Paul’s compassionate resilience and heart appear all the stronger in the face of such brutal losses. His survival (which is hard-won, unsentimental, authentic) proves that in turning toward loss, we embrace life.

Paul delivers a breathtaking and heartbreaking memoir. It is astonishing and a moving account of love among artists that some have read in a while.

“Later: My Life at the Edge of the World” is a memoir and was released in the year 2020. When Paul arrived in Provincetown during the early nineties, he was leaving a history of family trauma behind him to live in a place outside of time, known for its values of acceptance, inclusion, and art. Inside of this idyllic haven, Paul hunts for connection and love and comes into his own while he finds his own sense of belonging.

At the same time, the center of this community gets consumed by the AIDS crisis, and the structure of the town life is getting rewired out of necessity: What might this utopia look like during a time of dystopia?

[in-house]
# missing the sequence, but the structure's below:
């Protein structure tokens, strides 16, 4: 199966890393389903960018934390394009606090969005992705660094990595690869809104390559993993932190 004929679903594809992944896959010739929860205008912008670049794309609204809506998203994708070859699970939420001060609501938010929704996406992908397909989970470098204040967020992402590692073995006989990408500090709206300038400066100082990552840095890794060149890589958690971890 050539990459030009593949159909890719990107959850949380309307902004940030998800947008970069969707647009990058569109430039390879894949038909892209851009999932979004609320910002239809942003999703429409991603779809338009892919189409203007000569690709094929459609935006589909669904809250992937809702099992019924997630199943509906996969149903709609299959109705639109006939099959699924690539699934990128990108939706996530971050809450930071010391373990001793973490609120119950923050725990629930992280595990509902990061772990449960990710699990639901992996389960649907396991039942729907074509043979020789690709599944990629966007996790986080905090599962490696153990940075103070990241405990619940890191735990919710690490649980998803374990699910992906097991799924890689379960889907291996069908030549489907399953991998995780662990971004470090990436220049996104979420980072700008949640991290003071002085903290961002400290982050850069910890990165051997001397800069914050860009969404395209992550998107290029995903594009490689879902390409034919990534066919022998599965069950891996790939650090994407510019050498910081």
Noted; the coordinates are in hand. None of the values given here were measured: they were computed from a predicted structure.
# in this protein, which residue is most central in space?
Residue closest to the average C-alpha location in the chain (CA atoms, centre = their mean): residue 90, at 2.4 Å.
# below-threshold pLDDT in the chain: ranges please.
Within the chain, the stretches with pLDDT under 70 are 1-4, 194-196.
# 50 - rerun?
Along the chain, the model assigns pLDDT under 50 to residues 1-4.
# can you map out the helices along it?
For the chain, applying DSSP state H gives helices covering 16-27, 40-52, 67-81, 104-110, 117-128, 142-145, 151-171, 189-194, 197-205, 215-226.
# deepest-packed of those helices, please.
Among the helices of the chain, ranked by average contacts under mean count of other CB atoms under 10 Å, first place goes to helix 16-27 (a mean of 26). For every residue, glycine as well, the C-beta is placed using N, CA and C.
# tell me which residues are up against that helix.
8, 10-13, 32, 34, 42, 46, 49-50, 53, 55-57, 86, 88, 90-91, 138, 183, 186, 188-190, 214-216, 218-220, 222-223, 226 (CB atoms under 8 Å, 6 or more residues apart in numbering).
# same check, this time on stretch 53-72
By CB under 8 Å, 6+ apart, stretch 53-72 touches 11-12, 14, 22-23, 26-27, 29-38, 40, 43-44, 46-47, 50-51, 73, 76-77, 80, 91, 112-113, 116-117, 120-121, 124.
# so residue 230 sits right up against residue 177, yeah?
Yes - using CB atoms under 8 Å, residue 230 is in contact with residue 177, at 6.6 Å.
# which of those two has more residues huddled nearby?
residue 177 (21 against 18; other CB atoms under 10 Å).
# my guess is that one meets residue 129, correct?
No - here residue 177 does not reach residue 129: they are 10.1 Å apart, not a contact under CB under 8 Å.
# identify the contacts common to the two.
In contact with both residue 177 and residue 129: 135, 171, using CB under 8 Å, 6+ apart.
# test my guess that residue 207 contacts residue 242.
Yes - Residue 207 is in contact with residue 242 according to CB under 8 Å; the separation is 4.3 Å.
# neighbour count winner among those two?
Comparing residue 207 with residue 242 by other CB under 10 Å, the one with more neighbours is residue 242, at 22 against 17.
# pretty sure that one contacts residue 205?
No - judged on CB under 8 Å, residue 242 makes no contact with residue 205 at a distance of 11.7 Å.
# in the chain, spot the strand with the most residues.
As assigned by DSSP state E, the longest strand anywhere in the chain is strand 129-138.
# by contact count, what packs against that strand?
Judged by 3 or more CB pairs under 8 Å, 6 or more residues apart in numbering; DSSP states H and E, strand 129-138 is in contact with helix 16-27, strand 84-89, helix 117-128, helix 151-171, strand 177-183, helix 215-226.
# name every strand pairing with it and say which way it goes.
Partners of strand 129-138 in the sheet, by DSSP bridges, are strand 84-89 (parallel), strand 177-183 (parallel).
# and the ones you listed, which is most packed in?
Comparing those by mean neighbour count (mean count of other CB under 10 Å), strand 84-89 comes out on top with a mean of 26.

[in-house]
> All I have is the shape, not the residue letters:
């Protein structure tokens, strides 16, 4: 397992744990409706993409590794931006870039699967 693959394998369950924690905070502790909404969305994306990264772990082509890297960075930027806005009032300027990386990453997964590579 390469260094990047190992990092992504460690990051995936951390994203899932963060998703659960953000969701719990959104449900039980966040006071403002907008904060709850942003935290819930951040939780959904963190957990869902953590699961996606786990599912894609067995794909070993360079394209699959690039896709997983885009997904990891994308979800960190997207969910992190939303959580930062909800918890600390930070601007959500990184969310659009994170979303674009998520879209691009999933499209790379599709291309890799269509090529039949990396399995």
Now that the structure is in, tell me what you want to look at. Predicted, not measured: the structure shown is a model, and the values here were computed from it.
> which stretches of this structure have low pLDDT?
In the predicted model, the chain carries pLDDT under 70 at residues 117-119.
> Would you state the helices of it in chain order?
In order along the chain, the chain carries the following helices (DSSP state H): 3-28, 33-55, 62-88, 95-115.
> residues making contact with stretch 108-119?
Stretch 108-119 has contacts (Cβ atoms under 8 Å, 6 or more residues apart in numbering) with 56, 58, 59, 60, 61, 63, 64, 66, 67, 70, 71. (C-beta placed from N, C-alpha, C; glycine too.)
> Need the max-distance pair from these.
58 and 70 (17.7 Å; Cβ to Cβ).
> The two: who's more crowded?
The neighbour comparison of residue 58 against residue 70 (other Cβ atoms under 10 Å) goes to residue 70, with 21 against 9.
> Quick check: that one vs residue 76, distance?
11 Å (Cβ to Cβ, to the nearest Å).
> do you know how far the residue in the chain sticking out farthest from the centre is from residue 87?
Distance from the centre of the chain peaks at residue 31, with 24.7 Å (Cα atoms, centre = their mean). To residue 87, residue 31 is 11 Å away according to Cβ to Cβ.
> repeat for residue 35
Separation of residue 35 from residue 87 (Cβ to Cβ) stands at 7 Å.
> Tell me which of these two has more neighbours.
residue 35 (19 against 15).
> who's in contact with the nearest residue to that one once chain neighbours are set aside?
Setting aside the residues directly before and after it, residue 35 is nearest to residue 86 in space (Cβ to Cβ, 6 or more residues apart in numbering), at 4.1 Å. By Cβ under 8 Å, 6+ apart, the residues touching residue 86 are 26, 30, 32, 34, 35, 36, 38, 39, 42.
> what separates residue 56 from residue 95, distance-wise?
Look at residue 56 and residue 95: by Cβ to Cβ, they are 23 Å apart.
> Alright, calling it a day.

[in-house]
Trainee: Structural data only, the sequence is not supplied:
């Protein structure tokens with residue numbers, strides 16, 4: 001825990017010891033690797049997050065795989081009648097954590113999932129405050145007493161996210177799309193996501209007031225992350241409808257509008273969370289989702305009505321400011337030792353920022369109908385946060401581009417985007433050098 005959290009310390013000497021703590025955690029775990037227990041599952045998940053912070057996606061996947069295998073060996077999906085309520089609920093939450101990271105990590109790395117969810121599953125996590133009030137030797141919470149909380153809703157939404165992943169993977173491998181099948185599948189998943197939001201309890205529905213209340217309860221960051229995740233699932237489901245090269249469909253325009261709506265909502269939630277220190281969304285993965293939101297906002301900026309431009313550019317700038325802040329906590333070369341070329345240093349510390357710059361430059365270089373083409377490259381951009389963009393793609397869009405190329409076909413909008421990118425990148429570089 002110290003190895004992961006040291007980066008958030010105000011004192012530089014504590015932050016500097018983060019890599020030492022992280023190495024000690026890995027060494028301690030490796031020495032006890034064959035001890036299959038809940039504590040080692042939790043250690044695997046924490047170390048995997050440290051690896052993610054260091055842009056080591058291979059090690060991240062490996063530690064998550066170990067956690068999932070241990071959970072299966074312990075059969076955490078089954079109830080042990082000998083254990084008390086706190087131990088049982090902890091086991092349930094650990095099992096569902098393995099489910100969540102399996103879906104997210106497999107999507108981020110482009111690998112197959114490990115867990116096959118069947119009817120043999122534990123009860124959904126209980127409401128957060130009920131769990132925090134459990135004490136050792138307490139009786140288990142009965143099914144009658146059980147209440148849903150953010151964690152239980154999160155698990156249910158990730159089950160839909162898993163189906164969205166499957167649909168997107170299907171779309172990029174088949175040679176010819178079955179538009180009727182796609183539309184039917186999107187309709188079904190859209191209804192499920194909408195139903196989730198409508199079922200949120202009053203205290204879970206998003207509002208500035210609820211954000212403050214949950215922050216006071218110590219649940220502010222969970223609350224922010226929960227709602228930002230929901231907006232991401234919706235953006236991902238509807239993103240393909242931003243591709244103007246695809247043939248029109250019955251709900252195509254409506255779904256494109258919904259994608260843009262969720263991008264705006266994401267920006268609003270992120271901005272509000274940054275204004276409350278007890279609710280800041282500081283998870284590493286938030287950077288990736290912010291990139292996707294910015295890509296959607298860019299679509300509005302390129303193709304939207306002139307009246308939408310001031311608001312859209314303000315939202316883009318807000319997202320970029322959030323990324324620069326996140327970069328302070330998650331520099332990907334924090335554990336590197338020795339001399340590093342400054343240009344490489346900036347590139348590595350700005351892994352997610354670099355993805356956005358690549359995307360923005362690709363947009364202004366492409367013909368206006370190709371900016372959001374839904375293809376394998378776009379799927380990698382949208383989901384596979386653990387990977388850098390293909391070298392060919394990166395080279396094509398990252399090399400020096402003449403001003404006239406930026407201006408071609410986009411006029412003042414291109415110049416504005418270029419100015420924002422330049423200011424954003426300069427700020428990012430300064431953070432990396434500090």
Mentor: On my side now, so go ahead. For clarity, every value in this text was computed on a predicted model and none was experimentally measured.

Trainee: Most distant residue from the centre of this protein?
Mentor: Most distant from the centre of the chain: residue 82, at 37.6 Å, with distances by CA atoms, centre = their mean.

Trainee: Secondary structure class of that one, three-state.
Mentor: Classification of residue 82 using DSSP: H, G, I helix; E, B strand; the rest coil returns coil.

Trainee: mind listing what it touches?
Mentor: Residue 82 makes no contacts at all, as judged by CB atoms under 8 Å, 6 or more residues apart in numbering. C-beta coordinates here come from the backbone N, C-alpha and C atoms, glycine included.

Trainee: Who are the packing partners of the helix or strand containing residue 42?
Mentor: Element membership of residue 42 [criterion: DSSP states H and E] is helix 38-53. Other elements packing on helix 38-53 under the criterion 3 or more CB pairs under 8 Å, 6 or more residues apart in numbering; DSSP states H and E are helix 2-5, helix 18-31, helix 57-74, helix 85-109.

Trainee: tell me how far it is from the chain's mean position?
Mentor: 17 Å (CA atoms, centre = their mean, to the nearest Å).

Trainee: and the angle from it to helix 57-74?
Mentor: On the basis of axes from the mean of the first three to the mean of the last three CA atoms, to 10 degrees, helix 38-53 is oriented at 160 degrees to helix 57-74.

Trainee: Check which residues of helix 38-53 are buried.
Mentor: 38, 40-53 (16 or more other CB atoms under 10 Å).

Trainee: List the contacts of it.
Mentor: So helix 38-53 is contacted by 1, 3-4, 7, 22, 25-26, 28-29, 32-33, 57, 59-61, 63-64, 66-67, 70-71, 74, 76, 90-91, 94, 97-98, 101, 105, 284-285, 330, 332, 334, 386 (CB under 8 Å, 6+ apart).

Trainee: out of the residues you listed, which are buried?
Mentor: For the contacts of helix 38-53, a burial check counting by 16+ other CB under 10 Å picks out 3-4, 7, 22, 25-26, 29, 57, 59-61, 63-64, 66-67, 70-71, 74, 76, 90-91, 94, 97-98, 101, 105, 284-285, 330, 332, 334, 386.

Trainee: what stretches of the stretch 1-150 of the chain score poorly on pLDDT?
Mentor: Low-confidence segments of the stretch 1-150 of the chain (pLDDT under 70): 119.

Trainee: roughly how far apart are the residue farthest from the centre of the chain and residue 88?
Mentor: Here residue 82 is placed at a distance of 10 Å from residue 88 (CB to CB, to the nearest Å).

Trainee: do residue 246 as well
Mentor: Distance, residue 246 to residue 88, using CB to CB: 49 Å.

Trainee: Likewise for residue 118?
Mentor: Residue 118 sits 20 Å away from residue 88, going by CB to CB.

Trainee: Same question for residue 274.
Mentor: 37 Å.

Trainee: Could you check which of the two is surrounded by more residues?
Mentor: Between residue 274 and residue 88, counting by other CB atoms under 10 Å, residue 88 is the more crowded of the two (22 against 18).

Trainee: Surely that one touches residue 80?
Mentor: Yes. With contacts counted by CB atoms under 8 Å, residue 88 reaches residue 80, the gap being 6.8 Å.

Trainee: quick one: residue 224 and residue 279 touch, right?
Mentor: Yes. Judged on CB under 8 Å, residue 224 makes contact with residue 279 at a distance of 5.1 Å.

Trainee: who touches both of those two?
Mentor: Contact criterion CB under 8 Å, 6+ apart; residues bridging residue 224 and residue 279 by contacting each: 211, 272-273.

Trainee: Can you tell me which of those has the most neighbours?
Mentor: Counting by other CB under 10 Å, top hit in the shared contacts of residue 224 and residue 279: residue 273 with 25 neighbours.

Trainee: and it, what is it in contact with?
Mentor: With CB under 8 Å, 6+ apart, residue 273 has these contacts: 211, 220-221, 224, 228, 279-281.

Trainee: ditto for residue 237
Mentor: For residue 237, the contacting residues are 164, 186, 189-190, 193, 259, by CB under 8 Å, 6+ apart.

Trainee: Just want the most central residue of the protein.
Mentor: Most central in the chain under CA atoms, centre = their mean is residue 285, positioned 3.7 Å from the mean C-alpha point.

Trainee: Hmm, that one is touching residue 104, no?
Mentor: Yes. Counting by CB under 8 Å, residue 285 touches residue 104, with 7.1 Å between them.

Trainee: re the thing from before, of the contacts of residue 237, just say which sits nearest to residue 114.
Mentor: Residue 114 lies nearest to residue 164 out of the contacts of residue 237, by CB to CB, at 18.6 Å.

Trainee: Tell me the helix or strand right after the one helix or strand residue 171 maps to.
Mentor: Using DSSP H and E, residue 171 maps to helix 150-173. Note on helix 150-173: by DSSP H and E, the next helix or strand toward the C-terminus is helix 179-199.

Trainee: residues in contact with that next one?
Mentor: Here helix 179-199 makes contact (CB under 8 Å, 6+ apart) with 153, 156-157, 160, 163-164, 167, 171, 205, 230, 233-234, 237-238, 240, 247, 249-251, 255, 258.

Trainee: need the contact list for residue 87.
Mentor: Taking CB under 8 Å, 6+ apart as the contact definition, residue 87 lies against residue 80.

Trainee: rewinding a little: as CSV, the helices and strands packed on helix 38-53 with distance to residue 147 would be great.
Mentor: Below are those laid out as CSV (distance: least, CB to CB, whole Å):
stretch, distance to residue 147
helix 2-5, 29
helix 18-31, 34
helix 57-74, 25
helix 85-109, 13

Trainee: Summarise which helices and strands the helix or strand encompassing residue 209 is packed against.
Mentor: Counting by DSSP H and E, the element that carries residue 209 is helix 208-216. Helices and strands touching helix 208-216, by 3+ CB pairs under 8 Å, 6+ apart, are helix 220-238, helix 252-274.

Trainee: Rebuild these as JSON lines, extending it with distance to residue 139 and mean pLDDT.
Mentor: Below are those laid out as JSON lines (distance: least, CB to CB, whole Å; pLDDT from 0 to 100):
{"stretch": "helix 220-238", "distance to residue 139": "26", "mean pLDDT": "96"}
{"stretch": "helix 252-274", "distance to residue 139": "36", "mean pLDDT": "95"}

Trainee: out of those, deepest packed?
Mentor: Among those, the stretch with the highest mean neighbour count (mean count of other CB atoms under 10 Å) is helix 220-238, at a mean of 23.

This dramatizes a ravaged yet tremendous place and a unique era when more fully becoming one’s self collide with a realization that ongoingness could not be taken for granted. And that staying alive from one moment to another exacted absolute attention.

Paul delivers a vibrant and heart-bursting love letter to queer haven Provincetown, Massachusetts. However, the terrain Lisicky also covers here is that of the human heart freed, even if momentarily, from horror. This is a brutally honest, candid, and scorching memoir that emits sweet sorrow and tenderness.

Book Series In Order » Authors » Paul Lisicky